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Visual Wordplay for the Bilingual Brain

by Eva Boynton on November 14, 2017

A cartoon of a woman pulling a leg and hands grabbing her hair, showing how visual wordplay with Spanish and English proverbs tickles the bilingual brain. (image © Eva Boynton).

“Ouch! You’re pulling my leg!”
“¡Ay! ¡Me estás tomando el pelo!” (“Ouch! You’re grabbing my hair!”)
© drawing by Eva Boynton

Spanish and English Proverbs in Pictures

While living in Mexico, I heard phrases whose literal translations created odd visual images for me and confused my developing bilingual brain. For example: “Me estás tomando el pelo!” (You are grabbing my hair!”). My initial bewildered response? I checked to see if my hands were minding their business at my side.

With further explanation, I soon understood that such strange phrases were proverbios y refranes (proverbs and sayings), wise and colorful ways to make a point. In this case: “You are pulling my leg.”

The Egg and “Ei”

by Joyce McGreevy on October 24, 2017

When four teenagers and a writer, Joyce McGreevy, meet in the Volksgarten, Vienna, Austria, they share the fun of speaking two languages. Image © Joyce McGreevy

Finding our voices in Vienna: Catrina, Cedric, the author, Nicky, and Adah. (Oh, and “Albert.”)
© Joyce McGreevy

What Four Viennese Teens Taught Me
About Speaking Two Languages

I was sitting on a park bench in Vienna when they approached me, speaking two languages.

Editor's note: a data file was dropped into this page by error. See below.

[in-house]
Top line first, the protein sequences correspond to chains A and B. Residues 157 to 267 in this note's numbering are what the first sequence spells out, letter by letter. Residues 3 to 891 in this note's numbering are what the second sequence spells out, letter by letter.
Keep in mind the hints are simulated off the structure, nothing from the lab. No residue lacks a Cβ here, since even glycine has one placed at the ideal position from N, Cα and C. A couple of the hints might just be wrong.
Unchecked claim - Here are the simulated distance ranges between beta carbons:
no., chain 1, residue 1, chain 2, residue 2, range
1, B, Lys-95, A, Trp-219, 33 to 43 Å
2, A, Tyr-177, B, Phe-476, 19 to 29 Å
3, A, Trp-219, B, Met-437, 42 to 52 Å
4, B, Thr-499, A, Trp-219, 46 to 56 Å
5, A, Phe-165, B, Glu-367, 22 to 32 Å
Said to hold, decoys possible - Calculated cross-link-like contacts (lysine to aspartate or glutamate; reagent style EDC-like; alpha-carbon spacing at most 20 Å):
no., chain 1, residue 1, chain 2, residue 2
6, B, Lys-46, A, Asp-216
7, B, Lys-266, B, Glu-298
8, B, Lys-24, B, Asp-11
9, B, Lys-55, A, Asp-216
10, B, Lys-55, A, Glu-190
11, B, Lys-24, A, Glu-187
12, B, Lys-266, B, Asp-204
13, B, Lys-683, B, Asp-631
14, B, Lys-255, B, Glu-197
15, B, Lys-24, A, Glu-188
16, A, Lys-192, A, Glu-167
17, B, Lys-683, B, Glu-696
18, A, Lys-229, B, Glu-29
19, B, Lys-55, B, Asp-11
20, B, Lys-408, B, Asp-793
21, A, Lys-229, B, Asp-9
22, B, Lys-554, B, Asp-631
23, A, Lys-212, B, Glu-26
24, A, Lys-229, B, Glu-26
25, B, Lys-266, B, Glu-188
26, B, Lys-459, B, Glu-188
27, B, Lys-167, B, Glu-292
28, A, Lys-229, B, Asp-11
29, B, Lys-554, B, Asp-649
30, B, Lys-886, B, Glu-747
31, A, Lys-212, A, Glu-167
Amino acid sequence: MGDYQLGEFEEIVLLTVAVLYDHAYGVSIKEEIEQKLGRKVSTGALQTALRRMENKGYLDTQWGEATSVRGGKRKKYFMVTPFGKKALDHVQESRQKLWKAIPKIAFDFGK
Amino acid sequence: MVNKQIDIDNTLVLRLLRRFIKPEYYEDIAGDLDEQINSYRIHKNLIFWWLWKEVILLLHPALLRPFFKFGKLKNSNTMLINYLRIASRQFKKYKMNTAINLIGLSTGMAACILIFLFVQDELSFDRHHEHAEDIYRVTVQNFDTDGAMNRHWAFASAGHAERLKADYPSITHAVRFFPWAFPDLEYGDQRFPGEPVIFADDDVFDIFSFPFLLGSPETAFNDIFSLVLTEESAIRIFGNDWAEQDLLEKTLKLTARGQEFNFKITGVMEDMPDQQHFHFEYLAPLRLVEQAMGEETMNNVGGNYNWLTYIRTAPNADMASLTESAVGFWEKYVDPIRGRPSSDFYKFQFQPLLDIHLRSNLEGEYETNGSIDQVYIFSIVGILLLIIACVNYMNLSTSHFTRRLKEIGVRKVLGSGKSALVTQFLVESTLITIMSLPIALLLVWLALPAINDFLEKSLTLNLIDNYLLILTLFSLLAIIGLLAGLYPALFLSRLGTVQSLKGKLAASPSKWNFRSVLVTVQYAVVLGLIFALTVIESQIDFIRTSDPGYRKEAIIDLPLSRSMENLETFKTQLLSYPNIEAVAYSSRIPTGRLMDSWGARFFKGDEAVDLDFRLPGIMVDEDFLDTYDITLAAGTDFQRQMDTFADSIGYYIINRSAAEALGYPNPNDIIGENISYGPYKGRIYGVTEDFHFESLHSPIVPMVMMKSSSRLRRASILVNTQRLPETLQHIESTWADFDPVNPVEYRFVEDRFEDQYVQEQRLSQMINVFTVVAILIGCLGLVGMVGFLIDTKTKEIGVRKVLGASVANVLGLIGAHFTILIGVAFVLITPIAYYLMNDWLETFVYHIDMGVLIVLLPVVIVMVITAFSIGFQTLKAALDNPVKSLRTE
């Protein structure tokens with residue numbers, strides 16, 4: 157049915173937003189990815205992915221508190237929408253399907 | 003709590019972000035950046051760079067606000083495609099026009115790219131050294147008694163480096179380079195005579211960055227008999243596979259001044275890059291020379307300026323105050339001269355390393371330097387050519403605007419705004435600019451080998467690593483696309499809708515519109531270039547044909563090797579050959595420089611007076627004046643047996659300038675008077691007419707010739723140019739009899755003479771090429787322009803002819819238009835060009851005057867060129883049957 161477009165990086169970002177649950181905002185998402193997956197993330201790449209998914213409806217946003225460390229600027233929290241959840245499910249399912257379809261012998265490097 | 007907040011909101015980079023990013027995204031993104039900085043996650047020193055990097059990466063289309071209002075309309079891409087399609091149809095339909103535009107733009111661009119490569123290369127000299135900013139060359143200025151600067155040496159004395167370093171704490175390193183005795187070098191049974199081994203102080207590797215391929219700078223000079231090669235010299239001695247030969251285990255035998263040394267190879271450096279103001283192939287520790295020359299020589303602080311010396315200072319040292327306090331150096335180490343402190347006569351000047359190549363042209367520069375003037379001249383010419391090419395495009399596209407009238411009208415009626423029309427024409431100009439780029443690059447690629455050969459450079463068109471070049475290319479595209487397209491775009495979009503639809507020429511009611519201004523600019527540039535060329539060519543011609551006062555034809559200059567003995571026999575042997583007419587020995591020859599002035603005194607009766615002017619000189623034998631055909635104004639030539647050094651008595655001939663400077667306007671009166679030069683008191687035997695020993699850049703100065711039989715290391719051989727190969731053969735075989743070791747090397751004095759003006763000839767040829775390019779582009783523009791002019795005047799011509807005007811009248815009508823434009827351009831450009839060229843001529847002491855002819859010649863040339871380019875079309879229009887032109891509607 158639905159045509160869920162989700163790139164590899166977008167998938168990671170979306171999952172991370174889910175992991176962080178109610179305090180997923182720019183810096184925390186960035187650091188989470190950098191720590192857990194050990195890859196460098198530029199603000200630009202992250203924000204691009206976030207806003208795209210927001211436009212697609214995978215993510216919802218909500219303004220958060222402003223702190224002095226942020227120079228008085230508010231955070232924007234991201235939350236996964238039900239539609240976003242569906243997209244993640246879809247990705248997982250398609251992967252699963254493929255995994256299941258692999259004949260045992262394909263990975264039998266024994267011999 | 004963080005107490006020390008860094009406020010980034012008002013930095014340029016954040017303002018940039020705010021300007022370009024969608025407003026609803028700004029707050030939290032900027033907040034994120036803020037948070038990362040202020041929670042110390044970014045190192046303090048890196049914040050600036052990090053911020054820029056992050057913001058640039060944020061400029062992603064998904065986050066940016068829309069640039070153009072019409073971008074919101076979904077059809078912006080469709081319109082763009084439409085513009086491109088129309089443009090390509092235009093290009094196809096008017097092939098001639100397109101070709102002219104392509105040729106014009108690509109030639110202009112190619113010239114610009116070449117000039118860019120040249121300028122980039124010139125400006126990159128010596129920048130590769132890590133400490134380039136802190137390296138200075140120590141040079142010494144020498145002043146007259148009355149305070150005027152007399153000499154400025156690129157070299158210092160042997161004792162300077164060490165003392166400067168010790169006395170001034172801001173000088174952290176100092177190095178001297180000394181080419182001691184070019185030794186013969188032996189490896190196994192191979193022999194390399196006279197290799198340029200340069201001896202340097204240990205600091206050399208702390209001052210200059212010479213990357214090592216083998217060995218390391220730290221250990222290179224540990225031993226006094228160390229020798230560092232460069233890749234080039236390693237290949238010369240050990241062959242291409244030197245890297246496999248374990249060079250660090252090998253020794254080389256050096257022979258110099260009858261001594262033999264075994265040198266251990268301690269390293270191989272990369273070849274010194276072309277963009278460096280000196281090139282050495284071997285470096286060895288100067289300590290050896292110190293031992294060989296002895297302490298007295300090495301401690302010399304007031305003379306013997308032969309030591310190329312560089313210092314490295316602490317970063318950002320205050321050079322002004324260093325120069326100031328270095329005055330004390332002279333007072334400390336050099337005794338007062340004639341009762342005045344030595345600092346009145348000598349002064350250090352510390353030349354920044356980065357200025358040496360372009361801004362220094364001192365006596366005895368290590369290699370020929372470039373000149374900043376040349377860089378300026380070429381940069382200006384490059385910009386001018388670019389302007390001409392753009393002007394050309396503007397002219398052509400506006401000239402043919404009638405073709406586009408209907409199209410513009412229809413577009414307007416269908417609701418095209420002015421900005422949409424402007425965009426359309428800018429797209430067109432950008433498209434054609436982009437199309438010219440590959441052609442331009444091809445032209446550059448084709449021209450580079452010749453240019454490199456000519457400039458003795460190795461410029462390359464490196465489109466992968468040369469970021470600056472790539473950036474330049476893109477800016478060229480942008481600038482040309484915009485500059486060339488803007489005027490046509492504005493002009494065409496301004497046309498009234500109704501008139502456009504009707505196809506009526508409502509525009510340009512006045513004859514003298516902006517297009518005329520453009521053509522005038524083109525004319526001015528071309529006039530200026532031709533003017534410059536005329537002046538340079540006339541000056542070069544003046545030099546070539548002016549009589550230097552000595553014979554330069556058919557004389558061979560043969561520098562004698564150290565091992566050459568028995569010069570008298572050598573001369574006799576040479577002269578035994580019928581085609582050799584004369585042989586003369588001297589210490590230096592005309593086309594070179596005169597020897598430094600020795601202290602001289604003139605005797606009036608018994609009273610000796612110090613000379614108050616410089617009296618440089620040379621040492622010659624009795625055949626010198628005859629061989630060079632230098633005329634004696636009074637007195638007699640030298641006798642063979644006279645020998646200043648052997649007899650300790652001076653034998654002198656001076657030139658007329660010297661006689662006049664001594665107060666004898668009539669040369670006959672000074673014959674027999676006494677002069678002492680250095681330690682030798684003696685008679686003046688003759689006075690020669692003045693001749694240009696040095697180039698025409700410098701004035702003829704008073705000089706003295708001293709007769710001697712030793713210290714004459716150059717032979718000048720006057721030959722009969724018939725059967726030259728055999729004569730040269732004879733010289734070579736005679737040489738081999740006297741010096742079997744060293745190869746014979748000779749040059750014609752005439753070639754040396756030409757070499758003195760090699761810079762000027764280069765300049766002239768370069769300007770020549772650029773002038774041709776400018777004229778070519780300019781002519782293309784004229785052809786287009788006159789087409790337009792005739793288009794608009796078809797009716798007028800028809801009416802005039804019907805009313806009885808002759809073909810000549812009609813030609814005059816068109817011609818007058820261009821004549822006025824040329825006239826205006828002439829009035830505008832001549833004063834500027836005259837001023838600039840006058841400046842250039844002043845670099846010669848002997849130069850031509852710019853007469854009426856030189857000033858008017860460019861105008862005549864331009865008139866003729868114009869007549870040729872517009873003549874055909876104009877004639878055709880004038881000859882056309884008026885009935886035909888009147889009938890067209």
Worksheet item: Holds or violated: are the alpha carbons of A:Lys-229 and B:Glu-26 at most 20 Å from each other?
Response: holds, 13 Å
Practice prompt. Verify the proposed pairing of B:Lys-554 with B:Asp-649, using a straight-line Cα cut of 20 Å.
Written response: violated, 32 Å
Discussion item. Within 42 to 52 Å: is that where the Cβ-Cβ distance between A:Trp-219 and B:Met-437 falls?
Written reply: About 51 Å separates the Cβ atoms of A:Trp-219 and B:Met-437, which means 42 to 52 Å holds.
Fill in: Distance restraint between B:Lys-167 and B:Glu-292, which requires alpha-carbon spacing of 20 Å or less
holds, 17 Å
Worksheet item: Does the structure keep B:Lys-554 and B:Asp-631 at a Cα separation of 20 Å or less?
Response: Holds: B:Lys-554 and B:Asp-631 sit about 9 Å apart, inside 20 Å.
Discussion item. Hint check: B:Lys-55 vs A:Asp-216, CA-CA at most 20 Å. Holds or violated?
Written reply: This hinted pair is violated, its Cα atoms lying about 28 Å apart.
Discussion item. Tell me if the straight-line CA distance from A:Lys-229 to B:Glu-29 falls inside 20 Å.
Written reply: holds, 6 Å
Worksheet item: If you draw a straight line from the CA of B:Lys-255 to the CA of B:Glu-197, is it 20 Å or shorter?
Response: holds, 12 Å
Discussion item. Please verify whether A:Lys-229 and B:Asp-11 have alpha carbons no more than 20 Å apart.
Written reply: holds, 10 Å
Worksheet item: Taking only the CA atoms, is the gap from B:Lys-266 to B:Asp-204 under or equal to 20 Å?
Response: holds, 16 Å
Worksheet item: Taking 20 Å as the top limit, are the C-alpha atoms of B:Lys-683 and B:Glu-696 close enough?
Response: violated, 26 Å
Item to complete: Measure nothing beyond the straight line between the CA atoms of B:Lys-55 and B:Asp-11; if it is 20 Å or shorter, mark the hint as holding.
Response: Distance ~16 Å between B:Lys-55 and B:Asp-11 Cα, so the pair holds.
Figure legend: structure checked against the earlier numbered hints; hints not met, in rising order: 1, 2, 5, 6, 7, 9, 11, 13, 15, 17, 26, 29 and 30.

What’s more international than the Volksgarten? An Austrian park in formal French style around a replica Greek temple, it attracts visitors from around the world.

The replica Temple of Theseus at the Volksgarten, Vienna gives a group of visitors an opportunity for speaking in two languages. (Public domain image by Norman Davies)

The Volksgarten (“people’s garden”) blooms with roses and buzzes with languages. 
Norman Davies (public domain)

I’d been thinking about language, about the surprising fact that I’d found it easier to speak Hungarian than German.

14 Ways of Learning
a Second Language

by Joyce McGreevy on August 8, 2017

A signpost atop Floyen, Bergen in Norway reflects the idea that learning a second language can take you in new directions. (Image © Joyce McGreevy)

Learning a language takes you in new directions.
© Joyce McGreevy

Language Tips for Busy People

Research shows that learning a second language is like superfood for the brain. Experts say we’re predisposed to be multilingual. So why do so many smart people think learning a second language is impossible?

Curiously, those who claim linguistic ineptitude often use complex grammar:

  • “Had I understood the benefits of learning Japanese, I would have taken classes.”
  • “If only I could have learned Spanish in high school, I would be fluent today.”

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